Surface Self Assembly and Polymerisation

The self-assembly of small molecules at surfaces is a rapid, scalable and relatively inexpensive approach to the formation of two-dimensional molecular crystals with a range of interesting properties.  We are working to understand the self-assembly of model molecules on a range of surfaces, with a particular focus on understanding the chemical reactions that self-assembled networks undergo with heating (e.g., transitions from hydrogen bonded to metal-coordinated networks).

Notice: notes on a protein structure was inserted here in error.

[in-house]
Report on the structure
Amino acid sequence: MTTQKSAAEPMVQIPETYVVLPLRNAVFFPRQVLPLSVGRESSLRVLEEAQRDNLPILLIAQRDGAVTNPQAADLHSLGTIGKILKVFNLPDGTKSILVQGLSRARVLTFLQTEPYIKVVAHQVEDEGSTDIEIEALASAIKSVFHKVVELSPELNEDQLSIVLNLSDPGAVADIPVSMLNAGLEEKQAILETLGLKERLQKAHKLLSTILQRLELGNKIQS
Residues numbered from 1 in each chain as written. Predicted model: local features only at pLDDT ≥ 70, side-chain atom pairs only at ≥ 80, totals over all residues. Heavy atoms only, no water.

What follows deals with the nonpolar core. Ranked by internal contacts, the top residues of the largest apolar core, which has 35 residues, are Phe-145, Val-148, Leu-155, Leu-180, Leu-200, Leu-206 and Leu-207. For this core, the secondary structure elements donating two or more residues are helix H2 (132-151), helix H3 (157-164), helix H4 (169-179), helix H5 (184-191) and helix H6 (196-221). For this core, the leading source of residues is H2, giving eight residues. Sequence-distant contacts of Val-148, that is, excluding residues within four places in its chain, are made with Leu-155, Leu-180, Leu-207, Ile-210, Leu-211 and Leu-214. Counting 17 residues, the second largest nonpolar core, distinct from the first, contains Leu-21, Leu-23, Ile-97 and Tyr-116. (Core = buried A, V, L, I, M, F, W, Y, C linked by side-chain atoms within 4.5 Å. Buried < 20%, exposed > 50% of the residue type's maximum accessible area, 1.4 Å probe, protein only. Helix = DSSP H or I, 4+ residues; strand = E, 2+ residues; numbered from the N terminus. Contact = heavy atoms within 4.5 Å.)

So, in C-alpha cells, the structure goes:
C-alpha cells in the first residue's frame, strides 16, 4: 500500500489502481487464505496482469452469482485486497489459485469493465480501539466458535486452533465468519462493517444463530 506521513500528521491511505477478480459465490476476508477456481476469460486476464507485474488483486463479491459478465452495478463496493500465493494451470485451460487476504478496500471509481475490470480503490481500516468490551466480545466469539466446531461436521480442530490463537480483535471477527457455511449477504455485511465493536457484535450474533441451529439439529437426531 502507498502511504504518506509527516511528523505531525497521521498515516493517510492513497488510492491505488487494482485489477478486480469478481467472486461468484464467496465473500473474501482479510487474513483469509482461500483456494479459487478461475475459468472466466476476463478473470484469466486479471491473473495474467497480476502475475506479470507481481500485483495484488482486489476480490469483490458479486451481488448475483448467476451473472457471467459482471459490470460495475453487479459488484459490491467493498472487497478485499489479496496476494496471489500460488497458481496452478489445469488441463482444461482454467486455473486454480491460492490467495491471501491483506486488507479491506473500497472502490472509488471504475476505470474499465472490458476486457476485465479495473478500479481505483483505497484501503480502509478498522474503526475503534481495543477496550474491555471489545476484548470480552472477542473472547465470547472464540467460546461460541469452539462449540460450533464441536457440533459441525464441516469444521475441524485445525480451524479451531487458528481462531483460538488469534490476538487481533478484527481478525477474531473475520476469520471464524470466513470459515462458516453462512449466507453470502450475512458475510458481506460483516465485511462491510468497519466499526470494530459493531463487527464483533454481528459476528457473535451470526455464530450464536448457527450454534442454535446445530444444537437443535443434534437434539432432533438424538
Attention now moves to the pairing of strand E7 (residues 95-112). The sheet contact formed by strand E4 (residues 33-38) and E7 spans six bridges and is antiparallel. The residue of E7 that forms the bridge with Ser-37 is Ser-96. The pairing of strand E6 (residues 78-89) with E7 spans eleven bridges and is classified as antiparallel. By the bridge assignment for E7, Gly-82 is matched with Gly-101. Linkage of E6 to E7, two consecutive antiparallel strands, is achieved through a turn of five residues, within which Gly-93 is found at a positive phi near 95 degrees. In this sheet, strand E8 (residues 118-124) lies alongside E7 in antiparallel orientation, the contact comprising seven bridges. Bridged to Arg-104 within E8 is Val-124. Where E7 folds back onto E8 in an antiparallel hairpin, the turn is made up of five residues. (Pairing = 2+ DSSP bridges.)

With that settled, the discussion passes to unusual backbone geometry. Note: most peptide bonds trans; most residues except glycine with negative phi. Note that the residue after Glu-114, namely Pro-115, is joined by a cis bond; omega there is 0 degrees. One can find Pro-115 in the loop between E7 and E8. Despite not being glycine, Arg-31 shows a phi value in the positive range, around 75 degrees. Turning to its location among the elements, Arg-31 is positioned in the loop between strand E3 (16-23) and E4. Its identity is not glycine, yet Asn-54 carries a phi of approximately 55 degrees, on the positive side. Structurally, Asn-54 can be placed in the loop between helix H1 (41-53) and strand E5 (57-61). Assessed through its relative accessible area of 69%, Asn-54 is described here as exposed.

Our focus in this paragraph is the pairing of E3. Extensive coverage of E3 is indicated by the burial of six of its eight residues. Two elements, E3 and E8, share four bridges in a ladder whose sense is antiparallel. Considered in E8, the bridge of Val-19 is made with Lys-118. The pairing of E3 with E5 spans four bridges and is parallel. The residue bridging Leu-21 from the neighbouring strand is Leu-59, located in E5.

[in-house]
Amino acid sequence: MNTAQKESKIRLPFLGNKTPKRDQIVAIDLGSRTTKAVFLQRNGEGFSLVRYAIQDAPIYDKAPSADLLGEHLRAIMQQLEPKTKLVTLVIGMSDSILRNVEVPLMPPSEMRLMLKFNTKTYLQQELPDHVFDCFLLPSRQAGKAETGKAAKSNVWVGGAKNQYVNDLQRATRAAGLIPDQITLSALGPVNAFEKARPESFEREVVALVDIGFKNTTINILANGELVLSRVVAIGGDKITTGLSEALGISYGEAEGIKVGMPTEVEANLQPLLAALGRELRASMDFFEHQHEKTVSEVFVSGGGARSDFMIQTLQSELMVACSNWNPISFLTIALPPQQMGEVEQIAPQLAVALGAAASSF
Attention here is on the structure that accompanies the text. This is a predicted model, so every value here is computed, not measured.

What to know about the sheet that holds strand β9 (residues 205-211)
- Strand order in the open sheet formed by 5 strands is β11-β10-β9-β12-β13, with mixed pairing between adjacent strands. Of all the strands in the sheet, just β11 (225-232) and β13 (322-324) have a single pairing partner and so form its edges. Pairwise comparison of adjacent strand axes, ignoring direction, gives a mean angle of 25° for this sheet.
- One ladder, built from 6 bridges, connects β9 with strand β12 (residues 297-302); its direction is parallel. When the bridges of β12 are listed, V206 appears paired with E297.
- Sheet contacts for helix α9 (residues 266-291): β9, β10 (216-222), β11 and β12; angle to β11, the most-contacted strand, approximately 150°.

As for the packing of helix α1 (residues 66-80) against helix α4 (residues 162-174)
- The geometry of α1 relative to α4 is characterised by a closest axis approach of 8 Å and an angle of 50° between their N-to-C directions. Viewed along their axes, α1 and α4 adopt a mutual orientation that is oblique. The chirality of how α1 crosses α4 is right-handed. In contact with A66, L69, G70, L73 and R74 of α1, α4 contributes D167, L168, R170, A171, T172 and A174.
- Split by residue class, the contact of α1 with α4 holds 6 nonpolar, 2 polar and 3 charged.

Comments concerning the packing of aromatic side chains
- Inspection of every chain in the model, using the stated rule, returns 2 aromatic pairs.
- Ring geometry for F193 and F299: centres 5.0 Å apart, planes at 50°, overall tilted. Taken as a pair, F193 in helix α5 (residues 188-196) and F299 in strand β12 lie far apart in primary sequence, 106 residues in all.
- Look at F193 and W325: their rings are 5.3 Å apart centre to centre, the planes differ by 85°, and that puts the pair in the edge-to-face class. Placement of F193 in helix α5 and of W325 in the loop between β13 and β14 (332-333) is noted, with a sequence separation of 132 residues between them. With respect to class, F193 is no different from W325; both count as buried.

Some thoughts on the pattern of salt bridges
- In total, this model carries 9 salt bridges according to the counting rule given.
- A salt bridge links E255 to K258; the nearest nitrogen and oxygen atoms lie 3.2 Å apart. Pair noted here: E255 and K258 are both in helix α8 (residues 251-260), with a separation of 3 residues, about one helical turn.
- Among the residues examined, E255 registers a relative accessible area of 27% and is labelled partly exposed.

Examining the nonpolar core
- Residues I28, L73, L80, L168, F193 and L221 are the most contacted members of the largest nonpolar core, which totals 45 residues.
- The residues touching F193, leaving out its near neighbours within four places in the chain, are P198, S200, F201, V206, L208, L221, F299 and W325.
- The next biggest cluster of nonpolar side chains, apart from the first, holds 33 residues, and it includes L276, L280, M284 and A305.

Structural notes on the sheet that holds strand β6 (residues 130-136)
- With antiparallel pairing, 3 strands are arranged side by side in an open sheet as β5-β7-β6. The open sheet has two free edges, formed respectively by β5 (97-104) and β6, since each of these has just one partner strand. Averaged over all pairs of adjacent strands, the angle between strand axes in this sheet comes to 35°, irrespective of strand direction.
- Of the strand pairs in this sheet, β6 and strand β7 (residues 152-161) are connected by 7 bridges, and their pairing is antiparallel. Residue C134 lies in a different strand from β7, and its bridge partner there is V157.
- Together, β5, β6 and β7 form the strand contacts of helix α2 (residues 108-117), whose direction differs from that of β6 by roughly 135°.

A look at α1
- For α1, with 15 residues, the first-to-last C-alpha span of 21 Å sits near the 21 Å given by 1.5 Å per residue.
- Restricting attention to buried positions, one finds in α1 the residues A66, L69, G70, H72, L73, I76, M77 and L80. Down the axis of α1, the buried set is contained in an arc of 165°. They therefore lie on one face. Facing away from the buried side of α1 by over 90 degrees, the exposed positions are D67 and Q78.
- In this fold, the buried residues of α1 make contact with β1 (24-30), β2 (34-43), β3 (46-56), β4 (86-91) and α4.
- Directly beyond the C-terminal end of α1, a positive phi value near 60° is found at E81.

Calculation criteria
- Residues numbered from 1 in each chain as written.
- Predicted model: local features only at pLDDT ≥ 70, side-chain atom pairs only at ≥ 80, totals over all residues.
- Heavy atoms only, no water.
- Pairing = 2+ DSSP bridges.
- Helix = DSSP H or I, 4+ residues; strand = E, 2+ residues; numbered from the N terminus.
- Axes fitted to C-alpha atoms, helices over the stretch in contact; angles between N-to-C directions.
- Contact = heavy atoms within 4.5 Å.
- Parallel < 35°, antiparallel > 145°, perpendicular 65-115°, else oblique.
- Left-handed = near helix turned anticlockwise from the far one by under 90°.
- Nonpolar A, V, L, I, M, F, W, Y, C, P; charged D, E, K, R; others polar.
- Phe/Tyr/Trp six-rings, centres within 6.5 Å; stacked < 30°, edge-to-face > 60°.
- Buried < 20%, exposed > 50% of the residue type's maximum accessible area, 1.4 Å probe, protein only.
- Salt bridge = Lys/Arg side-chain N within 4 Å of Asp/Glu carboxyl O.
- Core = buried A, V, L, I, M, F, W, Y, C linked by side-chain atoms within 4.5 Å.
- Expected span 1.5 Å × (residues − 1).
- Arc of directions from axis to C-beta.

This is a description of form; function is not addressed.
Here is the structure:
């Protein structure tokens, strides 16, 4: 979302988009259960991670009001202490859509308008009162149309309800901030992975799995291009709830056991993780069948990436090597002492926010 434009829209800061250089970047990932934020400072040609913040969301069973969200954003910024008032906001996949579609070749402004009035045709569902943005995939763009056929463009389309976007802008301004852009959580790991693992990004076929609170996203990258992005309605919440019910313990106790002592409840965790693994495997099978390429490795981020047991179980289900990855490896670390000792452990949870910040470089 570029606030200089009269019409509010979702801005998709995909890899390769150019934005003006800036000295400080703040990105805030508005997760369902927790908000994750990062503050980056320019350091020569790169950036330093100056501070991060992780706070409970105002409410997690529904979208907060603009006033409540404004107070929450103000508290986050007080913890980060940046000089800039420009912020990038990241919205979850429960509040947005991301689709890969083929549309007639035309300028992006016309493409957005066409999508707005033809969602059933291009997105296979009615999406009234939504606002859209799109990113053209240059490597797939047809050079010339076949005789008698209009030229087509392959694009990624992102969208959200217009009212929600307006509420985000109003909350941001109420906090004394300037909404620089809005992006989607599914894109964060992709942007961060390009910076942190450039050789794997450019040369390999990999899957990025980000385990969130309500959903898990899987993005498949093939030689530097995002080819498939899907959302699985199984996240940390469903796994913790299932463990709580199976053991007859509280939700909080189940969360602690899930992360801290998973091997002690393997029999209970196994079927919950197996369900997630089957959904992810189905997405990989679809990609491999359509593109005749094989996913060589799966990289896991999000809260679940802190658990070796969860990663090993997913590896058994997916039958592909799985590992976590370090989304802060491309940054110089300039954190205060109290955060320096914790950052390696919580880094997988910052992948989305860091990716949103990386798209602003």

To gain a detailed understanding of the chemistry and structure of these systems, we draw on a range of tools including scanning tunnelling microscopy (STM), x-ray photoelectron spectroscopy (XPS) and synchrotron-based  photoelectron spectroscopy (PES) and near edge X-ray absorption fine structure (NEXAFS).

Picture (right): Trimesic acid on on graphene (Langmuir, 201531(25), pp. 7016-7024)

Picture (below): On surface synthesis of polyethylenedioxythiophene (Chem. Commun., 2018, 54, 3723-3726)

 

PhD projects available in this area

Publications

I. Di Bernardo, P. Hines, M. Abyazisani, N. Motta, J. MacLeod, & J. Lipton-Duffin, (2018) On-surface synthesis of polyethylenedioxythiophene. Chemical Communications54(30), pp. 3723-3726. 


Chief Investigators

Team